Some neighbours who intervened on the scene took her to the hospital. Local police arrested Ulfat’s husband and the case is currently under investigation.
Such incidents are just the tip of the iceberg of rampant abuse throughout the Valley.
Back in 2009, Dabla interviewed 200 married and unmarried women for a comprehensive study on domestic abuse and found that 63 percent of the respondents feel discriminated against by their families in respect to their education and employment, among other things.
Thirty two percent of the working women surveyed face condemnation from their in-laws for their work and almost 50 percent feel that their in-laws are jealous of their work, which, according to Dabla, is one of the leading causes of psychological torture; in fact, a full 40 percent of the respondents stressed that they had been victims of emotional and psychological abuse.
Perhaps the most insidious aspect of the accelerating domestic violence is that “Thirty three percent of victims choose to suffer silently without taking action,” Dabla told IPS.
According to Muzaffar, “Eighty percent of cases registered with (the State Commission for Women) relate to domestic violence and we receive at least three or four new cases every day.”
Since its establishment in 1999, the Commission has been tasked with safeguarding women’s constitutional rights, redressing grievances and recommending legislative action to women who have faced discrimination or abuse.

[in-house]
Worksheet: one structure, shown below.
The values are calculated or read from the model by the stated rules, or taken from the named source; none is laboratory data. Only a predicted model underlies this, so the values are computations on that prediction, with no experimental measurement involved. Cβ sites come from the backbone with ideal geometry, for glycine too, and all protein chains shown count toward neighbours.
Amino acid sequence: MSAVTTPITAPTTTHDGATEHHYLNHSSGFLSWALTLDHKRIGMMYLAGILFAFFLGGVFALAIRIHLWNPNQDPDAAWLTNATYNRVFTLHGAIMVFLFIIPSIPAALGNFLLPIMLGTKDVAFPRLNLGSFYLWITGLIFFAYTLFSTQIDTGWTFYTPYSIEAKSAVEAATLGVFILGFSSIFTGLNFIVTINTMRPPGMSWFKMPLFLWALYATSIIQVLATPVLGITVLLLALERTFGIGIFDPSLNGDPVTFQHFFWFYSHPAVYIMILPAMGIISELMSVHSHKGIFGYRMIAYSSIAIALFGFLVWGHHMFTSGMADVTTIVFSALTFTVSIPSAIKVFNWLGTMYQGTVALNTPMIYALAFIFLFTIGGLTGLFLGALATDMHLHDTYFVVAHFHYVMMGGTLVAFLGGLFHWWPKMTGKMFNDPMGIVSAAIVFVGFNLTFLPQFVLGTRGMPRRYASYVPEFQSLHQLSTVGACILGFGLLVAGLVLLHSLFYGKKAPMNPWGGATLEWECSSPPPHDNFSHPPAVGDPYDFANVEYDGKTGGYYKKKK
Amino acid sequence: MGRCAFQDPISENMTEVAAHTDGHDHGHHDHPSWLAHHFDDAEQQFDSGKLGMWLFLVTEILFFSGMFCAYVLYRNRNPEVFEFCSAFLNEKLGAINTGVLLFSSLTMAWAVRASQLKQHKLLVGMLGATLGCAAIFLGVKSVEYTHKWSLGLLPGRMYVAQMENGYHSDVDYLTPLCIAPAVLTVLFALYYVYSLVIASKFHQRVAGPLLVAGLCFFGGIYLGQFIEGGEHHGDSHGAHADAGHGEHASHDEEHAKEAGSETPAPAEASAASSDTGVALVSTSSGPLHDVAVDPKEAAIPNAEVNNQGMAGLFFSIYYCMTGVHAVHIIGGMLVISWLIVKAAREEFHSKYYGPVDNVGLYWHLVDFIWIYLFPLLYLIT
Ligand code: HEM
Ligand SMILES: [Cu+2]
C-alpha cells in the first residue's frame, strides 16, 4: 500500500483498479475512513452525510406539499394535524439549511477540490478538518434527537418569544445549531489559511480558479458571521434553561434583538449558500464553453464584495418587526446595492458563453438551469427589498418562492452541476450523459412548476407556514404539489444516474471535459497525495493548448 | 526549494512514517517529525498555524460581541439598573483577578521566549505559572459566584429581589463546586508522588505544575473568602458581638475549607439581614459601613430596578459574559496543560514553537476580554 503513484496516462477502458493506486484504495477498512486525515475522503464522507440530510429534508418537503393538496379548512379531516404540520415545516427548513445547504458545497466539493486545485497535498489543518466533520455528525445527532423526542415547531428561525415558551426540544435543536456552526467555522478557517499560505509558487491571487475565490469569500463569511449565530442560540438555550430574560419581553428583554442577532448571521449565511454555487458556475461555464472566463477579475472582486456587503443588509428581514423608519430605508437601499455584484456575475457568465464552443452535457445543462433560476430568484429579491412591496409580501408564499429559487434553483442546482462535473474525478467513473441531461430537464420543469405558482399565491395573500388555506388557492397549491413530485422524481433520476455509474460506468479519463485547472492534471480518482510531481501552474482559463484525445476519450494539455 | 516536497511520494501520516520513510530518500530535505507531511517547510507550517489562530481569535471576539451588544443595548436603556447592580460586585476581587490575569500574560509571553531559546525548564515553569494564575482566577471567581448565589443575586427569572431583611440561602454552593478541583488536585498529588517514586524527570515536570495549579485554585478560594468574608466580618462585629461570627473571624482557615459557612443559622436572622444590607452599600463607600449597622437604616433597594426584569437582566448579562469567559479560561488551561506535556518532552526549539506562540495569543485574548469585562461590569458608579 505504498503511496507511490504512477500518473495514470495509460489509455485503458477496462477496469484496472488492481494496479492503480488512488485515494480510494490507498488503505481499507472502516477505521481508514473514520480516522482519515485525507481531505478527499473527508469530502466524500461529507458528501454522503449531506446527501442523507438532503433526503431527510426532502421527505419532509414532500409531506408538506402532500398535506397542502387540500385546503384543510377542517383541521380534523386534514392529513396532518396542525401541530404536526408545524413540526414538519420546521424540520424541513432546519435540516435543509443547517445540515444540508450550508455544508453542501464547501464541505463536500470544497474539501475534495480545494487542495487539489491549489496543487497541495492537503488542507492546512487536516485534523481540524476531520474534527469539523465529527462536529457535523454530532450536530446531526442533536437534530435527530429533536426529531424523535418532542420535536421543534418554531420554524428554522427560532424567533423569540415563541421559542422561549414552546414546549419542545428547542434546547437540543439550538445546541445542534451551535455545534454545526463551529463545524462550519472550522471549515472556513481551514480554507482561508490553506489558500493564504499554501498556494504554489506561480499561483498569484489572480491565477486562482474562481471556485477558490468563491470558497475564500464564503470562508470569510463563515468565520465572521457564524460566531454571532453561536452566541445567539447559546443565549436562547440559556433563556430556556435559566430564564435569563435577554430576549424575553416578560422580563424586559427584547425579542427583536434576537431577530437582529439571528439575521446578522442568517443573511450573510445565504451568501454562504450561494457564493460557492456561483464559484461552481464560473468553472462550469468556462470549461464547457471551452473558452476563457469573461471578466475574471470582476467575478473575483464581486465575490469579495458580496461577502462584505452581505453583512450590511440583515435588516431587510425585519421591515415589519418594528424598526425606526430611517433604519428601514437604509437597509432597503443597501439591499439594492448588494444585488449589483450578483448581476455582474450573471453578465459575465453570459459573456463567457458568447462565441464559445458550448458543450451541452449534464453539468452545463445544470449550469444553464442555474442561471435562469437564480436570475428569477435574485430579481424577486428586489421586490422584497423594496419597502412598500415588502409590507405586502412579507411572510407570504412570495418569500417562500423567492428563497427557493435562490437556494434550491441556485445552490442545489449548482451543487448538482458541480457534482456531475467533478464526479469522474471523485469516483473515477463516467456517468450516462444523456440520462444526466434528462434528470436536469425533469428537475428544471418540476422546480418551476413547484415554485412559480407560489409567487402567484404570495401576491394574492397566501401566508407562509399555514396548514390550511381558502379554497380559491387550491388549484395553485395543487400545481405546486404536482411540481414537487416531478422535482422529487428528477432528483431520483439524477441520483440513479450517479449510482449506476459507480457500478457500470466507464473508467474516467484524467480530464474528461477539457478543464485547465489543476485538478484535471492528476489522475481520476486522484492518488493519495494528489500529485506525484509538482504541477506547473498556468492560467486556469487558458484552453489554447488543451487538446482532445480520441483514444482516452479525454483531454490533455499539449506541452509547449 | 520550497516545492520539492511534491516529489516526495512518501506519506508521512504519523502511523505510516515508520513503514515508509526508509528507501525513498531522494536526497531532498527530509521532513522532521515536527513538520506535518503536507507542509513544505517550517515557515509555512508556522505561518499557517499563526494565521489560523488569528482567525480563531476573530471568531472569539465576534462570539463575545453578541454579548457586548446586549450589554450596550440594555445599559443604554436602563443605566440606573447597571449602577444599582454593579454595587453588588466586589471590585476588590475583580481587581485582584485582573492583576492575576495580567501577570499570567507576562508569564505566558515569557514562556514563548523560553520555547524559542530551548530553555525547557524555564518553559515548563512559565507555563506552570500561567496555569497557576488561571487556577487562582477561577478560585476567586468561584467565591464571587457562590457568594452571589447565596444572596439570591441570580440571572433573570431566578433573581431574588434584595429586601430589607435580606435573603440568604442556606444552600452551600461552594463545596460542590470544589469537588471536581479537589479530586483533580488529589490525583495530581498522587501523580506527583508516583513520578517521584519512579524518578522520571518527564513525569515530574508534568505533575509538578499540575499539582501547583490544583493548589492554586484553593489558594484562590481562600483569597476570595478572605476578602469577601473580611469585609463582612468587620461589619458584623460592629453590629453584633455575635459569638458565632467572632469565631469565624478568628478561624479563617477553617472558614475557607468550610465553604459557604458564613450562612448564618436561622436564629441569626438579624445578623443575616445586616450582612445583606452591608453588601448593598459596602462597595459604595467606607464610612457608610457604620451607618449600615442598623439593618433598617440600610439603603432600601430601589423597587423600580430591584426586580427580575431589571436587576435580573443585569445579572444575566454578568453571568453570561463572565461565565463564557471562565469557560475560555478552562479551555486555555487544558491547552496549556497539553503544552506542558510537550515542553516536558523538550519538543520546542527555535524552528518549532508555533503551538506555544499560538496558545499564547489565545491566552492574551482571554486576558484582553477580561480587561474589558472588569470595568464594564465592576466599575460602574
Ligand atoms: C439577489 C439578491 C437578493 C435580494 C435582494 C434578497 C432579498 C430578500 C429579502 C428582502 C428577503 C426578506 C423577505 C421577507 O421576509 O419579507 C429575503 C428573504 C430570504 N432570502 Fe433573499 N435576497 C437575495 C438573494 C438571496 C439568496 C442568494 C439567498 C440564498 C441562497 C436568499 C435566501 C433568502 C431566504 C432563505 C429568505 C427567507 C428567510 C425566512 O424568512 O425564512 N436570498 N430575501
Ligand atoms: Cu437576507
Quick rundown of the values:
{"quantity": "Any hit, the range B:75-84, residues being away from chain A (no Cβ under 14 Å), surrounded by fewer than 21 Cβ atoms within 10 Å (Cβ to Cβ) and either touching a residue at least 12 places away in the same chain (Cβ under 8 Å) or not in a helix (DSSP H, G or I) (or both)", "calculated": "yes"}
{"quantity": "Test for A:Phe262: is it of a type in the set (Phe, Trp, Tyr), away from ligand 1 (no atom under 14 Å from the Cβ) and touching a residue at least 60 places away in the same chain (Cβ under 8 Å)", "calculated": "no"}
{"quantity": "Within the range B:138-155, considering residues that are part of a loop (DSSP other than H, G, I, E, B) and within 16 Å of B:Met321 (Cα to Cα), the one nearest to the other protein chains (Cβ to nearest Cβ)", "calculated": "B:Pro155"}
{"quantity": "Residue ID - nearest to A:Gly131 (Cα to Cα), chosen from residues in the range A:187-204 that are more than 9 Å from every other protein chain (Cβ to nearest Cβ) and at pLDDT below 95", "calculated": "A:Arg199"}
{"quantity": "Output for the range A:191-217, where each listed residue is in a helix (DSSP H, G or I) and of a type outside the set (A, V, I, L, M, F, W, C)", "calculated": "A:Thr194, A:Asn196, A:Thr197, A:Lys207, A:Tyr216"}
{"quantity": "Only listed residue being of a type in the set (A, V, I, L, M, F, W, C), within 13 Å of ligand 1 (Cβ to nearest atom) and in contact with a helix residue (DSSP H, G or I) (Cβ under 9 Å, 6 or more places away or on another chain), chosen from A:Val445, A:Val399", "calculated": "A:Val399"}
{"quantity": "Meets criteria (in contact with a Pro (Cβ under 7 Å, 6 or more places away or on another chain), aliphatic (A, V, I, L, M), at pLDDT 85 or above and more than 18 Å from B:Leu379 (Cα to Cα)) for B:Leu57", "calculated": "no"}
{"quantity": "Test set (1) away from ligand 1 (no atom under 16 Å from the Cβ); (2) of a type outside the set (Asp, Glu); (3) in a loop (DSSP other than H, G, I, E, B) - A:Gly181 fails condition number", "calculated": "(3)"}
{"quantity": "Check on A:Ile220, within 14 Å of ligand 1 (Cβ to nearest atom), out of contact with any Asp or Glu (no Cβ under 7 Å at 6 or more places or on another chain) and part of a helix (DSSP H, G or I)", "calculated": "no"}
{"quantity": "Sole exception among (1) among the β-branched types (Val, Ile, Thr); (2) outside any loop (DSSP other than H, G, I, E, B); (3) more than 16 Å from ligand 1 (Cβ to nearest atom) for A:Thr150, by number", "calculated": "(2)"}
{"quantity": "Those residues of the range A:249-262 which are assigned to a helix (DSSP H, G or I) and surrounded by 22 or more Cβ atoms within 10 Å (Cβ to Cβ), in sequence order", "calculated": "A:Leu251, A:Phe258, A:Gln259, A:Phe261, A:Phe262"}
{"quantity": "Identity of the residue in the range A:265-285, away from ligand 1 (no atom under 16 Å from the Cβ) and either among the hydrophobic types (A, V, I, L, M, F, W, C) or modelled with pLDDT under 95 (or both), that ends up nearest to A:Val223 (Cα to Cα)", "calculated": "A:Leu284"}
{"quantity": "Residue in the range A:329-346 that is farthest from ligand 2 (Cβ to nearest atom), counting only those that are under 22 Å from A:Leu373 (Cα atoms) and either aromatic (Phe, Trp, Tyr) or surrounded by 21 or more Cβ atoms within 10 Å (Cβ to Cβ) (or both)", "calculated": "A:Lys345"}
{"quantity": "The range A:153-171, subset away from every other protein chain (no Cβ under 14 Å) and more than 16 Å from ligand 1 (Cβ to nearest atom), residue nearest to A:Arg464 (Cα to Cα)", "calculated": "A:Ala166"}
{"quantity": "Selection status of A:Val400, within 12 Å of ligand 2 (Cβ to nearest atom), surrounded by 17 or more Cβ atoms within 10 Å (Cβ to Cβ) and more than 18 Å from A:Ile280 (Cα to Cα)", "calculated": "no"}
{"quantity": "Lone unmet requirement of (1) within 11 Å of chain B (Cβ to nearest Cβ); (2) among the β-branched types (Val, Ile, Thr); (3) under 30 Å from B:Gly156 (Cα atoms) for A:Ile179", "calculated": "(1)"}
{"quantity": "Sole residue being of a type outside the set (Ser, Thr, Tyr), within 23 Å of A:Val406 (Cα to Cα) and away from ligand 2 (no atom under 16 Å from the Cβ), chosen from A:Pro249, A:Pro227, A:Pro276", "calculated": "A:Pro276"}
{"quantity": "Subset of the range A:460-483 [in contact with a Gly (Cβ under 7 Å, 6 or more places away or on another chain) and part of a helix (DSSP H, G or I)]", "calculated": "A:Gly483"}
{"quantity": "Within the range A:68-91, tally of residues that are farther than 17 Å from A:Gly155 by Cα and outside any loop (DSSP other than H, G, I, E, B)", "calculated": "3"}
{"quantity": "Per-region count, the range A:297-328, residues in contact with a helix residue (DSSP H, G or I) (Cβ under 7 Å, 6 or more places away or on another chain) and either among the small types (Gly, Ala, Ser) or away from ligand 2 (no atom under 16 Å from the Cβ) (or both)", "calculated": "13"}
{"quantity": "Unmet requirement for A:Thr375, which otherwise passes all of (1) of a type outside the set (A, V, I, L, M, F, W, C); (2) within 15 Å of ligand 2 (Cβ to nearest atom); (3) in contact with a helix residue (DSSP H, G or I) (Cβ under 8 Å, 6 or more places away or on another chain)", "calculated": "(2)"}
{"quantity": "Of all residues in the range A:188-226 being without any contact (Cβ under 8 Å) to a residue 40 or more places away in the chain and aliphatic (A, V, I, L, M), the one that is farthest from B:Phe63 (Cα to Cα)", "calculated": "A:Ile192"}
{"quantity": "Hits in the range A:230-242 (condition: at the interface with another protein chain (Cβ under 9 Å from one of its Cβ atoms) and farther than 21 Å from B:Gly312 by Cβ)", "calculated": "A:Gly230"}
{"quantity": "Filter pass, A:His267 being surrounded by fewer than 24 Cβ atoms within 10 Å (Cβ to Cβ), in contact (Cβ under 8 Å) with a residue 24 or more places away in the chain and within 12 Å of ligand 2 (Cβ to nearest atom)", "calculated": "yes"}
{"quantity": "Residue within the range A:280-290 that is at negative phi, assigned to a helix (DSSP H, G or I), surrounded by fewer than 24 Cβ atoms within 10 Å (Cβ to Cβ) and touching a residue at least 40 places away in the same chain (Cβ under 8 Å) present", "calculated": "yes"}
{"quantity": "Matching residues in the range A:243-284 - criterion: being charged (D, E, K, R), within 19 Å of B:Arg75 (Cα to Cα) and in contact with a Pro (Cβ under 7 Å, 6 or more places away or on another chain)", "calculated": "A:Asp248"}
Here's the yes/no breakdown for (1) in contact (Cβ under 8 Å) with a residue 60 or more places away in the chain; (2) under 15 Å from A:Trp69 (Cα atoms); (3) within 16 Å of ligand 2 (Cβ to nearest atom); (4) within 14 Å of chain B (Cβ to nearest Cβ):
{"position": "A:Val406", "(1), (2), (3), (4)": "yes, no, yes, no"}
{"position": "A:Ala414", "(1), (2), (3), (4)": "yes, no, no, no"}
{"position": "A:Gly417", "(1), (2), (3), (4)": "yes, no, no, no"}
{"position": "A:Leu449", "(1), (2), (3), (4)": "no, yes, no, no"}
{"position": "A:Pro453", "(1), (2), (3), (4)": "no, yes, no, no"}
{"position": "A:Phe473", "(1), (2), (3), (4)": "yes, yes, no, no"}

From April 2000-March 2010 the Commission registered 1333 cases from Kashmir, most of them related to domestic violence.
Data from the State Crime Record Bureau indicates that between April and December 2009 the Commission received reports of 83 rapes and gang rapes, 185 cases of abduction, 463 complaints of molestation, 189 reports of sexual harassment, 11 ‘dowry deaths’ and 87 incidents involving cruelty by husbands and relatives.
In just three shorts months, between January and March of 2010, the Commission received 24 cases of rape and gang rape, 73 cases of abduction, 139 cases of molestation and 50 cases of sexual harassment.
Renowned sociologist Peerzada Mohammad Amin told IPS that women are trapped in a cruel cycle of exploitation.
“On one hand, women are encouraged to pursue their education and get jobs but they are still expected to shoulder the responsibility of the household,” he said.
“Even if a woman works full time in her office she still returns home to do all the unpaid domestic work single handedly. When she shows reluctance, she faces confrontation from her in-laws,” Amin added.
Having lain dormant for decades, Kashmir’s Domestic Violence Act was re-enacted on July 12, 2011. On paper, the legislation provides for more effective protection for survivors of domestic violence but its tangible successes are few and far between.
“Many Acts are implemented but remain restricted to paper,” M.A. Wani, a legal advocate in Kashmir, told IPS.
“Our society has forced women to suffer in silence for so long that this Act will have to be fought hard on the ground in order to be successful,” he added.
“What we need is a complete transformation of our society into one that accepts the new status of women and fights to end domestic violence,” Dabla said.